Let’s talk about swear words—I mean, of course, that special category of taboo words. These remarks will start out completely uncontroversially and end up, by part 3, in tinfoil hat country.
We all know that swear words are arbitrary, in so far as there is nothing inherently obscene or bad about certain collections of phonemes: that’s why we can say “chits” with a straight face, or “Hoover Dam.” There is not even anything inherently obscene or bad about the meaning of most of these words, which is why we have words like “feces” or “copulate” that may not get trotted out in the politest of companies but serve their purpose when needed. As always, a road is made by walking on it—and these words are “swears” solely because we all agreed they are swears.
Of course, many more words used to be swears, used to be taboo, than are now. I mentioned once the consternation the word “shift” (as in chemise) occasioned in Synge’s play Playboy of the Western World. Mencken, who may have been joking?, mentions in supplement one to The American Language a bunch of words that were once taboo that we hardly can comprehend today: “bug,” for example (that’s why ladybugs are sometimes called “ladybirds” in old books), or “stallion.” An old euphemism for a bull, “top cow,” is far more vulgarly evocative to my imagination than just saying “bull,” but these were the preferences of the past, of the late eighteenth through early twentieth centuries specifically. They look silly to use because they are other people’s taboos.
The previous century saw a roster of progressives, such as Lenny Bruce or D.H. Lawrence, who pushed the boundaries or what “could” be said or written, and they did so at some personal risk. Lenny Bruce was not afraid, but he should have been: he went to jail! This sounds ridiculous to us, and we make folk heroes out of these pioneers who taught America that these are merely (as Dorothy Kilgallen testified at Bruces’s trial) “words, words, words.” And now, at long last, we of the present have learned from their examples and are far too open minded to punish people for using words arbitrarily designated as taboo.
Ha ha! I am joking, of course. If there’s one thing you could never call us at the present moment, it is “open minded.” We make fun of the taboos of the past, because they were silly taboos; and we defend the taboos of the present because they are really serious and important taboos that we recently discovered thanks to advances in taboo science! We were consistently wrong for hundreds or thousands of years but now we are right at last.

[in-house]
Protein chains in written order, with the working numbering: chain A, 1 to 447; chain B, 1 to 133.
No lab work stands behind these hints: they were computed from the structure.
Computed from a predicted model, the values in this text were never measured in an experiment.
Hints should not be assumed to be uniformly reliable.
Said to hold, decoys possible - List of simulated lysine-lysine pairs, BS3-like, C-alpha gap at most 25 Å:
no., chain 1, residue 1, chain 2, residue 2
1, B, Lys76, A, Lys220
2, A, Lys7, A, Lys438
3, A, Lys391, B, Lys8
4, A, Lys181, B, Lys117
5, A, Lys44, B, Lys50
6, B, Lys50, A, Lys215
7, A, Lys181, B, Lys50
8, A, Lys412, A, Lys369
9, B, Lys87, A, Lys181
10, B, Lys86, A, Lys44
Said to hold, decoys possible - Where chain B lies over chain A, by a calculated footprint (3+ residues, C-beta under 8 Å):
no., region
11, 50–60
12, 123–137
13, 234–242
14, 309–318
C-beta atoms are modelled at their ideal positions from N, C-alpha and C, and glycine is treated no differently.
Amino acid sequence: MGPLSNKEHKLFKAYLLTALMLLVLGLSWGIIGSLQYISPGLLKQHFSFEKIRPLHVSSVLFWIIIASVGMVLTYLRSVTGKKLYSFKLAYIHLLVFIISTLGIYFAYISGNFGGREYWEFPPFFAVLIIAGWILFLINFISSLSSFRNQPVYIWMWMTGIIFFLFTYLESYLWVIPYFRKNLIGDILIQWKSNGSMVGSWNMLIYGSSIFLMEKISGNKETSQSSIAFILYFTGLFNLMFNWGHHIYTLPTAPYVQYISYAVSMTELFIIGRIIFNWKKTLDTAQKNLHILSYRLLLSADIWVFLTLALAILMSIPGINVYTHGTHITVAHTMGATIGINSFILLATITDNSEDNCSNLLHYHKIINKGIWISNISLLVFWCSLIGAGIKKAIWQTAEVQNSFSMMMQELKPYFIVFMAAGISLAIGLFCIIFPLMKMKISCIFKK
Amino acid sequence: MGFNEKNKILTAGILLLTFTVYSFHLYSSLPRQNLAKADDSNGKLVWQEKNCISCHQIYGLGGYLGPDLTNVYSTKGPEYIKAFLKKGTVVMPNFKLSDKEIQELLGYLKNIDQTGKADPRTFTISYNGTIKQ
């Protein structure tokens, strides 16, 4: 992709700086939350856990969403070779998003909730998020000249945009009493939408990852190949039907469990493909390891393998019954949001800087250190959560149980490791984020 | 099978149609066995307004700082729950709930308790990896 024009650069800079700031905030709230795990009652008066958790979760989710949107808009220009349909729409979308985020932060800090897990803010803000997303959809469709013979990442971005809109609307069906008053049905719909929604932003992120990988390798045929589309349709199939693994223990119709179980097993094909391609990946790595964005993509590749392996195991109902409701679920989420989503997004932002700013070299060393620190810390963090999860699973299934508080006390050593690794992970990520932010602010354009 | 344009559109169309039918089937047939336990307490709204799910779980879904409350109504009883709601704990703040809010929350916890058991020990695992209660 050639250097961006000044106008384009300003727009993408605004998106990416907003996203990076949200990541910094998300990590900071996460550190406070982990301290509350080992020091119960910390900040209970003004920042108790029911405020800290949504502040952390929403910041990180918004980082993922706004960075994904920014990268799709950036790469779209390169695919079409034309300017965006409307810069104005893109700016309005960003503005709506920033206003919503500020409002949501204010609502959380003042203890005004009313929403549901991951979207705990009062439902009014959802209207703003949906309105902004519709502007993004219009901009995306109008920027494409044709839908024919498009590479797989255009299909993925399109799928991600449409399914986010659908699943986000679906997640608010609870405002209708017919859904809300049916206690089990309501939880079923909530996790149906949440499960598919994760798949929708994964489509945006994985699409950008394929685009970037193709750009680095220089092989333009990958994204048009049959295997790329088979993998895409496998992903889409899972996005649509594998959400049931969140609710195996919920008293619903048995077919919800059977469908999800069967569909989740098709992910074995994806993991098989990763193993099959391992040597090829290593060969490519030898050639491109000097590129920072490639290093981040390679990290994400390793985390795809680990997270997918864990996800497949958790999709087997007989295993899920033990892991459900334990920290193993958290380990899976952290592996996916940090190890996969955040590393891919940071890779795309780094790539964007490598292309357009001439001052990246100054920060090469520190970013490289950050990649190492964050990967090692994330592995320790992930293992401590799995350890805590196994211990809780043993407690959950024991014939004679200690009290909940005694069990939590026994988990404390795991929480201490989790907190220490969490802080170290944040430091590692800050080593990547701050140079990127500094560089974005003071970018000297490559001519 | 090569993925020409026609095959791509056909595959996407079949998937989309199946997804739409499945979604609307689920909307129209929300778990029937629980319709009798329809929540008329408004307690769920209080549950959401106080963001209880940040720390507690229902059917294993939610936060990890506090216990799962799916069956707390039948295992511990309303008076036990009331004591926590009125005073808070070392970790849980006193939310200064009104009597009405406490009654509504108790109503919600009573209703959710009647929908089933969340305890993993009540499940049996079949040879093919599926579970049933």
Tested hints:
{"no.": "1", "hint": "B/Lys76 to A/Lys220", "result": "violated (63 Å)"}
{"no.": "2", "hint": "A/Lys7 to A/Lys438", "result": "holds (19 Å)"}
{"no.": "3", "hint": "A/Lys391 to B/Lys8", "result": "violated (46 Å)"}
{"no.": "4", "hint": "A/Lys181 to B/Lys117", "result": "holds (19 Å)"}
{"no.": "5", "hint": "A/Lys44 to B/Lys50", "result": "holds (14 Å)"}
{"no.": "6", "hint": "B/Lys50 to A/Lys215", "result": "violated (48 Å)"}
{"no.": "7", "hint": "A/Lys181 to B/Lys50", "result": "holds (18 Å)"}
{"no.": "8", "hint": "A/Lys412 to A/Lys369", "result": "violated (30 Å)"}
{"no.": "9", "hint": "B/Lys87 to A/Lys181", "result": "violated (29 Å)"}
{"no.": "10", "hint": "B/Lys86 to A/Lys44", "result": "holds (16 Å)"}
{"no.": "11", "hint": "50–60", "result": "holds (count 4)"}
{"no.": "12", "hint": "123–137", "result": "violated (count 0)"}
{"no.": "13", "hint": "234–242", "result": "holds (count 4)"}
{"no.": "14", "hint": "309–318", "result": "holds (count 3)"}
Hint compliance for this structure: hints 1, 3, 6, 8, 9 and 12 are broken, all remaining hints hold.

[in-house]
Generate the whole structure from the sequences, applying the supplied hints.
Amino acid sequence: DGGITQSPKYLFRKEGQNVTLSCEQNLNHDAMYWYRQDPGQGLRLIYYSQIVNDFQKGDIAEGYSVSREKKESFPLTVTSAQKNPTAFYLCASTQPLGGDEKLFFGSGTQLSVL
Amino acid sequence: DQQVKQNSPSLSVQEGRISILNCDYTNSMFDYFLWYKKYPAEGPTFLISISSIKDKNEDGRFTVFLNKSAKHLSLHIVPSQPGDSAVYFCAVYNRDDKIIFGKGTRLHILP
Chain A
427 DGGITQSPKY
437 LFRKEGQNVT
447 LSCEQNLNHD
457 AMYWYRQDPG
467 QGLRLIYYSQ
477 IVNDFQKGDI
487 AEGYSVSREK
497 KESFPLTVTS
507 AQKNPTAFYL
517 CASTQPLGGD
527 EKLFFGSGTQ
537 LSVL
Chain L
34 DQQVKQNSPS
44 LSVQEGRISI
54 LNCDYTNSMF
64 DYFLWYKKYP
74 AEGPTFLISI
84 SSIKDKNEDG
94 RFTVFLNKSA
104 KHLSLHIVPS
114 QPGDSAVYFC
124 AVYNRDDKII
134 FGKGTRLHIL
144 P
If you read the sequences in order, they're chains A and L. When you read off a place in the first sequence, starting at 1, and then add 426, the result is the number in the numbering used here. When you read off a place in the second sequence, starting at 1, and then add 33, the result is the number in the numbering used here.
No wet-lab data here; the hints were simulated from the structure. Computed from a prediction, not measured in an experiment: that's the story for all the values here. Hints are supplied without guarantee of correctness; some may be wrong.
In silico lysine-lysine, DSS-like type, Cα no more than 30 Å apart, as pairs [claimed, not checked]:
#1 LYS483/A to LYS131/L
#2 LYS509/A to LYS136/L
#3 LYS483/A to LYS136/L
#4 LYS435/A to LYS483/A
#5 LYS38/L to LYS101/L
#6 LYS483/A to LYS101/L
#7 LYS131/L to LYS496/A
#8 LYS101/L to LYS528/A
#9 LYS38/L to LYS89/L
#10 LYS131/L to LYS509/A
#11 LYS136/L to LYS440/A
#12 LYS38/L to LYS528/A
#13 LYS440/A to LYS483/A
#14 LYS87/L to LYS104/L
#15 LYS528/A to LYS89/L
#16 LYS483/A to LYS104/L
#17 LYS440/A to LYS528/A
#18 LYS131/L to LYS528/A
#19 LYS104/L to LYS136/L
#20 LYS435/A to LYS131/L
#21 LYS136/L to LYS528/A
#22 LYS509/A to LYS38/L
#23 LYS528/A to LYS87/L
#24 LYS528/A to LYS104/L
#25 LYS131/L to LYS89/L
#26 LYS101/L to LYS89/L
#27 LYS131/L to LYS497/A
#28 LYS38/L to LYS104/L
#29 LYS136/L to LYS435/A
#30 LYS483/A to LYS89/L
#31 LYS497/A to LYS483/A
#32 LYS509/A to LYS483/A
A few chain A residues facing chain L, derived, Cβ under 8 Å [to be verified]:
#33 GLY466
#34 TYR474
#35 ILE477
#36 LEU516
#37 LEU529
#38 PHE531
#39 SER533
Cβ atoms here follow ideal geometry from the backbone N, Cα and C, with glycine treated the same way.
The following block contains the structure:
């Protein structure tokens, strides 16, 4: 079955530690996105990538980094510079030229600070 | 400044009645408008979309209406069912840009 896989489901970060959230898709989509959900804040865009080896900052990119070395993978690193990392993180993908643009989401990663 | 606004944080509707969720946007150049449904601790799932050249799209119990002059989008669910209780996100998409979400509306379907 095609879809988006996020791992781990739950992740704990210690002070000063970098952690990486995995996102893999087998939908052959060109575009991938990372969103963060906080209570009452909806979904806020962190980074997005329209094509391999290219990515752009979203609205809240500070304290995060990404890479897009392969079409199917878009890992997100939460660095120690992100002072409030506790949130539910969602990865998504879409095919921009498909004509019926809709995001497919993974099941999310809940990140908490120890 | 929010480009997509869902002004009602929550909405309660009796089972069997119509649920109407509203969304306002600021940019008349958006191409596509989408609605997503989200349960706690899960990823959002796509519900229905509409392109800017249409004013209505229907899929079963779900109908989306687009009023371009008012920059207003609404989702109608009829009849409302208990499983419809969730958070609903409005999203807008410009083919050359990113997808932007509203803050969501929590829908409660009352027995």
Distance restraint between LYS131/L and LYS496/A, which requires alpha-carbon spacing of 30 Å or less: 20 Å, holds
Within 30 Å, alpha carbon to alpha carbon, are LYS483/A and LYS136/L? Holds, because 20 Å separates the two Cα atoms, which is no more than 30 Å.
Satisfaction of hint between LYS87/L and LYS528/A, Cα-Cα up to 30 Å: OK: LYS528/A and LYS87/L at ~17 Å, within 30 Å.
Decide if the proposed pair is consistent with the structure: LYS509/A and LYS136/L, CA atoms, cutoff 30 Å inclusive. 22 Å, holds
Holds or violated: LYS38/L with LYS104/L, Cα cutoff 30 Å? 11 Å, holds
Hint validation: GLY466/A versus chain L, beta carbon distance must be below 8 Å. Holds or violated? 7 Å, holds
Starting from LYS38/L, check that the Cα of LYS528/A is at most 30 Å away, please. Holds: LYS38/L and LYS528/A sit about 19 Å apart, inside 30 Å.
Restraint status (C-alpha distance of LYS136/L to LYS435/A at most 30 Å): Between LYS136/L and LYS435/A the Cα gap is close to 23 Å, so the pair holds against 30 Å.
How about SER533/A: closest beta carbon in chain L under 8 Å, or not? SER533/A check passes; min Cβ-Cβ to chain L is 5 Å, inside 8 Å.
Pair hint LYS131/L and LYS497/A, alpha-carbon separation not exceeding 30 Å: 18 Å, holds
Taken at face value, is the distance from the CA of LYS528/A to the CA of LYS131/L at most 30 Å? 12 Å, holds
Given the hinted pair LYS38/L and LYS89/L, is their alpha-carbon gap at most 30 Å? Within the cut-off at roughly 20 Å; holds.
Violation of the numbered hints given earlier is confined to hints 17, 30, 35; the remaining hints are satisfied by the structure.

This is possible, of course. Sometimes there is progress and we find out things we didn’t know before, which is how we eradicated measles in America (ha ha! that is another joke!). When a Smith College newspaper (The Sophian) printed the phrase “wild and crazy” as “wild and [ableist slur],” maybe they were making progress in what should be allowed to be printed by and for adults.
I want to look at two recently tabooed words. These are words that are not only considered impolite (many of us would say “puke” is impolite without being taboo) but are, like “crazy” at Smith, censorable. They are words you can get in trouble for using, not in the wrong context but at all. In order to protect the delicate eyes of my friends, I’m going to self-censor here, and say things like “f-word,” like a third grader. (I assumed you could handle “crazy” and “stallion.”) We run into a problem, because both words I want to talk about are r-words. I’ll say them once, so look away if you must. I want to talk about “retarded” (which I’ll call “r-word”) and Redskins (“R-word” with a capital). These are both words I have seen normal, adult humans censor out of their writing, like a date in a Jane Austen novel, and “call out” others for speech uses, so I know they are taboo, even though you can probably still say them (pace George Carlin) on television. My hope is that we can draw some larger conclusions from these individual cases.